Biogeosciences Meeting Report

Observing Life near the Ocean’s Surface with Satellites

Third International Ocean Colour Science (IOCS) Meeting; Lisbon, Portugal, 15–19 May 2017

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Ocean color (OC) satellites provide a global, long-term view of the oceans from space and greatly improve our understanding of ocean processes. These processes include the role of phytoplankton in marine ecosystems and the linkage between phytoplankton primary production, carbon fixation, and climate change. The satellite ocean color radiometry (OCR) data stream also supports a range of research and societal applications, including water quality monitoring; harmful algal bloom detection; management of marine resources, including fisheries and aquaculture; and climate and biogeochemical research.

Ocean color scientists and representatives from various space agencies, hosted by the International Ocean Colour Coordinating Group (IOCCG), met earlier this year to improve collaboration and advance OCR research. The IOCS-2017 meeting aimed to inform participants about cutting-edge research and agency mission plans and to get participants to collectively agree on requirements for sustained OC research and operations.

The keynote speaker, Paula Bontempi (NASA), pointed out the need to move the science of OC remote sensing (RS) beyond current capabilities and to begin exploring new questions and enabling new discoveries regarding Earth’s living oceans.

Speakers at the meeting addressed some of these potential new approaches:

  • Active lidar measurements from space present an unprecedented opportunity to complement the passive OC data record and retrieve quantitative phytoplankton properties (Figure 1). Lidar can provide information not available from OCR, including vertical distribution of ocean constituents, data retrievals through clouds, and night and high-latitude sampling.
  • Data with very high spatial resolution (e.g., from Sentinel-2 and Landsat 8) have led to new applications for observing coastal and inland waters. We can now observe sediment transport and patchy algae distribution, and we can monitor water quality.
  • Planned hyperspectral OC remote sensing instruments could shed light on oceanographic processes previously hindered by current limitations in spectral band coverage (e.g., benthic substrate types, improved atmospheric correction, aerosol characterization, phytoplankton functional types, and coral reef health).
  • New in situ approaches like the Imaging FlowCytobot can characterize the size and taxa of phytoplankton. This information can be used to validate satellite data.
A schematic of an ocean profiling satellite lidar.
Fig. 1. A schematic of an ocean-profiling satellite lidar. Such lidar can complement passive ocean color sensors by retrieving vertical distributions of phytoplankton on a global scale. It also provides measurements between clouds and through significant fog and cloud cover. Credit: Michael Behrenfeld, Oregon State University, and Timothy E. Marvel, NASA Langley Research Center

Breakout groups discussed collective challenges and knowledge gaps. Atmospheric correction (AC) of hyperspectral data is extremely difficult; possible solutions include targeted spectral subsampling, increased parameterization of ocean-atmosphere models, and adopting a decision tree approach as an alternative to full inversions. In situ instrumentation advances for hyperspectral remote sensing (hyperspectral backscatter measurements, compact flow cytometry, and microscopy) can help parameterize radiative transfer models.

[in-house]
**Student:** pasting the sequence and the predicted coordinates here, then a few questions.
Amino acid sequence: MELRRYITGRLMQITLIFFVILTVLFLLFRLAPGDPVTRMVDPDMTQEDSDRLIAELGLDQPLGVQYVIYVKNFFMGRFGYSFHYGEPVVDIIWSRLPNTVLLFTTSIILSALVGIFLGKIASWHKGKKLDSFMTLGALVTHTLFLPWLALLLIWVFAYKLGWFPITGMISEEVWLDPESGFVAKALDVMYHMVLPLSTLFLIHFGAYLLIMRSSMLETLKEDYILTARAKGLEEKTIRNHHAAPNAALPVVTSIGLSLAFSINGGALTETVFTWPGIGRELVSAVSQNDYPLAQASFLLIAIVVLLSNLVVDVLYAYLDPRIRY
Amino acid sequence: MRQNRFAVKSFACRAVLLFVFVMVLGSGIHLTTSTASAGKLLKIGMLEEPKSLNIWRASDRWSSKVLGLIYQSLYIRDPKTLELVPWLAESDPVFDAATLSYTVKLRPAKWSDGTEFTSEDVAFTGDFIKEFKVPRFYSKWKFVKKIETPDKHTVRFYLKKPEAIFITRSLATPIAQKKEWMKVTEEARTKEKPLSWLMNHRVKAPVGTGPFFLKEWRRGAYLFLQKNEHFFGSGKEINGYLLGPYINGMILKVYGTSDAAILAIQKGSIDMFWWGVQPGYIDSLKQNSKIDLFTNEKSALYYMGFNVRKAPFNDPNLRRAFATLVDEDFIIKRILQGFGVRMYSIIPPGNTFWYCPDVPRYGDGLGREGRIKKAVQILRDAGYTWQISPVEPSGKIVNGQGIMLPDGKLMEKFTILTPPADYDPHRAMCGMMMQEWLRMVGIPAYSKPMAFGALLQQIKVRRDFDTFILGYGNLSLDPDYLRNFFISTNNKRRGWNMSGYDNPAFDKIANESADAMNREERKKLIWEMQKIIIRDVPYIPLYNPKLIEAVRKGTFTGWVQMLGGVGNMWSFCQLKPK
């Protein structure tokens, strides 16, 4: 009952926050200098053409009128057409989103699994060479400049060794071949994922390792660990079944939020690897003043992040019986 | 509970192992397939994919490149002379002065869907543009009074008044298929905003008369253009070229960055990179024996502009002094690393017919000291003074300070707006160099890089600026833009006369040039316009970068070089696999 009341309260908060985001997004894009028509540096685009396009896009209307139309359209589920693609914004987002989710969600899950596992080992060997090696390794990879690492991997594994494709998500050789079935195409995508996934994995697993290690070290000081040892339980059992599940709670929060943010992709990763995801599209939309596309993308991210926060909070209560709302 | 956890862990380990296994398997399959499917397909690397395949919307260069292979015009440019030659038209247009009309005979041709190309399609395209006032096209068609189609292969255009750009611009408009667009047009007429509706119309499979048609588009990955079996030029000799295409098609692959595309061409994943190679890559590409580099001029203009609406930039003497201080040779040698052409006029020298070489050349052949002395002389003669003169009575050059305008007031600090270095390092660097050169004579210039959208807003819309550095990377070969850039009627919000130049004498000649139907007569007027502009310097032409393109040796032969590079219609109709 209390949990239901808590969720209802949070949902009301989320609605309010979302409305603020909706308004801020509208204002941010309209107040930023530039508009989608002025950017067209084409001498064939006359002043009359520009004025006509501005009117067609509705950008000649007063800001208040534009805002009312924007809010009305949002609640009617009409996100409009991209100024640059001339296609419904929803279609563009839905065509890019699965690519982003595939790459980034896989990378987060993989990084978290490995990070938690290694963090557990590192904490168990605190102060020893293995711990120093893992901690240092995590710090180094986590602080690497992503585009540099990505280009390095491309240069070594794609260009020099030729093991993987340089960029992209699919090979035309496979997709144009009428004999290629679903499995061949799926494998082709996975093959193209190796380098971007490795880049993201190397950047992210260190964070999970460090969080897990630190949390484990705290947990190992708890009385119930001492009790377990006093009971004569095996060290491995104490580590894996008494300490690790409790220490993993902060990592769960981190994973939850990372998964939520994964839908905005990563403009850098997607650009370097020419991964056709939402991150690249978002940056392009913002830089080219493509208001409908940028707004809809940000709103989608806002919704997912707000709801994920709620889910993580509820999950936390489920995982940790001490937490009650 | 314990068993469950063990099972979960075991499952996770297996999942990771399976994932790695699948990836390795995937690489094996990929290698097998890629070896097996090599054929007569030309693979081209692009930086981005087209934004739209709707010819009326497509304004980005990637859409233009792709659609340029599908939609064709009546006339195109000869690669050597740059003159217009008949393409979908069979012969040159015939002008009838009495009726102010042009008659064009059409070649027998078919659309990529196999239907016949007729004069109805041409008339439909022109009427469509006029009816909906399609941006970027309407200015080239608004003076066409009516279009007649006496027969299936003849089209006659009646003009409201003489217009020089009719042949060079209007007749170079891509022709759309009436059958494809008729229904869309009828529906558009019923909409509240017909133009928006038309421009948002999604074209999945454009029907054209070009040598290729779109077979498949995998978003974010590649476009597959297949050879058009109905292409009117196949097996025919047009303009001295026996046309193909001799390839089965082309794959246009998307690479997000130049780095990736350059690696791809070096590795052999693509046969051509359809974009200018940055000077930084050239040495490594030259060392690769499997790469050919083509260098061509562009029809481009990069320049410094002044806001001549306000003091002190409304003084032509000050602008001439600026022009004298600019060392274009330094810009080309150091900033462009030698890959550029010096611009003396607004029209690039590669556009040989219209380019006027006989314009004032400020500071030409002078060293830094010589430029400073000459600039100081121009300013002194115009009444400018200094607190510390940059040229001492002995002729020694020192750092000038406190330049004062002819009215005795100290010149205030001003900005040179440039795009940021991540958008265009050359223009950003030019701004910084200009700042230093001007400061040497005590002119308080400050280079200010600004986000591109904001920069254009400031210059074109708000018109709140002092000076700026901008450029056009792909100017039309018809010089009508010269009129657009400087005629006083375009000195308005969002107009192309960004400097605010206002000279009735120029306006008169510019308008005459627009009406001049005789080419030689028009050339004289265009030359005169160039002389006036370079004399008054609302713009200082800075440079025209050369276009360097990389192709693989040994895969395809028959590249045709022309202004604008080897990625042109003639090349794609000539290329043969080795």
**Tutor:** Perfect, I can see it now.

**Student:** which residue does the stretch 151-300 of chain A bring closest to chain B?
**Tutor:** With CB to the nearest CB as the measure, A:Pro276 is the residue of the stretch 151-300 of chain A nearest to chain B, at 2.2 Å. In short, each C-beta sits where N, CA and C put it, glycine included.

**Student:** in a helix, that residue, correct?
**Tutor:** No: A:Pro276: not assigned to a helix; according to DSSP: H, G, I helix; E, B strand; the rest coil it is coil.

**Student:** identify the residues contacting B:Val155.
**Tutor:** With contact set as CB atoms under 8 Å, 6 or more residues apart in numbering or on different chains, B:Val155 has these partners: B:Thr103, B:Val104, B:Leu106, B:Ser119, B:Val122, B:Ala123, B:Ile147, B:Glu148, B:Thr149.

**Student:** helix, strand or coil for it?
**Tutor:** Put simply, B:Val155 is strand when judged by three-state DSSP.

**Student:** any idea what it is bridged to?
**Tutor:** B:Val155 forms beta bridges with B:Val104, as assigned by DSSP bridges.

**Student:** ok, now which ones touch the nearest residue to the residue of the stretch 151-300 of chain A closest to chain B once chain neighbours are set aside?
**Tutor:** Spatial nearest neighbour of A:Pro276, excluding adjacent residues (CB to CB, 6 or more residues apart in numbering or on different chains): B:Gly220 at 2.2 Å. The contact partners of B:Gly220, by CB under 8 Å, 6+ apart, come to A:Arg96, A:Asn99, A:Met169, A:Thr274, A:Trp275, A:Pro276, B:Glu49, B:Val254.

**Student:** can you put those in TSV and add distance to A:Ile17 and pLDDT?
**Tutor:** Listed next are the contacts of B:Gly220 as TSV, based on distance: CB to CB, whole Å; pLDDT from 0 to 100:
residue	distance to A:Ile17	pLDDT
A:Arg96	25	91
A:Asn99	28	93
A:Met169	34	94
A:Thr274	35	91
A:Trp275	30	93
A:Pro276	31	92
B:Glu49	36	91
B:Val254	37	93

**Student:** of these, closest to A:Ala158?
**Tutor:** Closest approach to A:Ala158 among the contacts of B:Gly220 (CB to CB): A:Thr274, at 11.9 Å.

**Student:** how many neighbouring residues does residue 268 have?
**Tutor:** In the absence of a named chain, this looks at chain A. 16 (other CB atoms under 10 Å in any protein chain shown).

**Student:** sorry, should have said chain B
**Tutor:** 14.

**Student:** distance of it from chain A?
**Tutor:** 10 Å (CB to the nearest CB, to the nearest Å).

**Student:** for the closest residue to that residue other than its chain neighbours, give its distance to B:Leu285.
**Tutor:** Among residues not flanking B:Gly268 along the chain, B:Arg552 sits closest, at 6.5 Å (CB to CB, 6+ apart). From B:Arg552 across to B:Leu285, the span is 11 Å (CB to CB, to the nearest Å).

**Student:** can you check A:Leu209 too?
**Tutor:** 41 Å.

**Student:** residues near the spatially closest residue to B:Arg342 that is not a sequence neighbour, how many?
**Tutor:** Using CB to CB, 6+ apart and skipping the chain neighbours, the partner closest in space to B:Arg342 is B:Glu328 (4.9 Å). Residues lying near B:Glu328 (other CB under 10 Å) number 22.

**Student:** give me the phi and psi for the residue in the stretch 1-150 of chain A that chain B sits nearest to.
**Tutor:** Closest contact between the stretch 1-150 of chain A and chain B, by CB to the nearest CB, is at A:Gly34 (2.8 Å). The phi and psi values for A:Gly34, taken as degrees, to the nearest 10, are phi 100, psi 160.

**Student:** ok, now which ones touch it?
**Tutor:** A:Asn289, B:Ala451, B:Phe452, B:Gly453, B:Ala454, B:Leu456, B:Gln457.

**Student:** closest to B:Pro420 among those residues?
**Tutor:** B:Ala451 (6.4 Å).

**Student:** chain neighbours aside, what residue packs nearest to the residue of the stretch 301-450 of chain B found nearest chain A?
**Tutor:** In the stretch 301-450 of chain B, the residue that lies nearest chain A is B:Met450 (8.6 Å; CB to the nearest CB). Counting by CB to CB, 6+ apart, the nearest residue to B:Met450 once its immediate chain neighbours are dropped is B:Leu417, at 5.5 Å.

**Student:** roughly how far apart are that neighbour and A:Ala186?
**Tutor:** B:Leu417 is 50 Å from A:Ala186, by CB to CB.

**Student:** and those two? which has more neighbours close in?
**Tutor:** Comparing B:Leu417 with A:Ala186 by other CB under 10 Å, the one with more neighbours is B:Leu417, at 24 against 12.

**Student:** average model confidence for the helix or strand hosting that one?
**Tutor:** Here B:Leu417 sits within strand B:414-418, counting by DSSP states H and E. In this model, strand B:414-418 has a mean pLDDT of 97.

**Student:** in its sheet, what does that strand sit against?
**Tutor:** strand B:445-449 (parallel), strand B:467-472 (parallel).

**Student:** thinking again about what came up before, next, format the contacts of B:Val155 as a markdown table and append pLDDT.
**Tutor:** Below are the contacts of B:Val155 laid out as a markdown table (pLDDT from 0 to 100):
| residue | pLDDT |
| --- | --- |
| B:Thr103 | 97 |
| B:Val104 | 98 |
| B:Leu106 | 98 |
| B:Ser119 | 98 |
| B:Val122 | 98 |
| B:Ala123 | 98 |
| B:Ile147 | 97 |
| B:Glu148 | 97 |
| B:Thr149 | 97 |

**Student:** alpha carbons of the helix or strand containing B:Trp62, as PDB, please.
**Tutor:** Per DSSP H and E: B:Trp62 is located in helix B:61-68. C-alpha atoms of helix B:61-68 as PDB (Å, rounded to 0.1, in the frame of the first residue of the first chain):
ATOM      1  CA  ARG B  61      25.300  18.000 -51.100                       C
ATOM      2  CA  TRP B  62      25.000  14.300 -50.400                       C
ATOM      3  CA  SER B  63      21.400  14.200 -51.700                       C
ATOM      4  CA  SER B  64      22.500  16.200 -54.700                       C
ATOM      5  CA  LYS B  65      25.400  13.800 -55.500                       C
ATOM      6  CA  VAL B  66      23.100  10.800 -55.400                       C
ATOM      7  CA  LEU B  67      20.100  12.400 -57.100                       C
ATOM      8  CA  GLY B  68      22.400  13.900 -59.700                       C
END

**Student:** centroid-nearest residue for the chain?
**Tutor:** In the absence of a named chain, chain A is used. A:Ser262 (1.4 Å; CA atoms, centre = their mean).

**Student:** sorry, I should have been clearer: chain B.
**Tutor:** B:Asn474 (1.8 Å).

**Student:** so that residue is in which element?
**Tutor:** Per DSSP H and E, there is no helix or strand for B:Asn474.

Satellite RS offers a unique perspective on inland and coastal waters, and it can help us assess water quality and understand biogeochemical processes. AC is also challenging in these waters because of land adjacency effects, trace gases near cities, and extremely turbid waters. The bio-optical complexity of these waters affects algorithm accuracy and the quality of satellite products that transition across open-ocean, coastal, and inland waters.

The optical water type classification approach offers a promising avenue for improved algorithms in coastal waters, but the fundamental issue impeding the progress of algorithm development is the lack of in situ measurements to describe water types. Community support is essential in making in situ data available for evaluating AC and bio-optical algorithms. Many breakout groups strongly encouraged data sharing and data publication.

All presentations, poster abstracts, and a full meeting report that includes recommendations are available at the IOCS-2017 meeting website. IOCS-2017 was sponsored by the European Commission, European Organisation for the Exploitation of Meteorological Satellites (EUMETSAT), the European Space Agency, NASA, Thales Alenia, and Airbus. The next IOCS meeting will take place in May–June 2019 in Busan, South Korea.

—Venetia Stuart (email: [email protected]), International Ocean Colour Coordinating Group, Bedford Institute of Oceanography, Dartmouth, Nova Scotia, Canada

Citation: Stuart, V. (2017), Observing life near the ocean’s surface with satellites, Eos, 98, https://doi.org/10.1029/2017EO085631. Published on 30 October 2017.
© 2017. The authors. CC BY 3.0
  • Yousef Alrasheedi

    The supports a range of research and societal applications and including water quality monitoring and harmful algal bloom detection

    YOUSEF ALRASHEEDI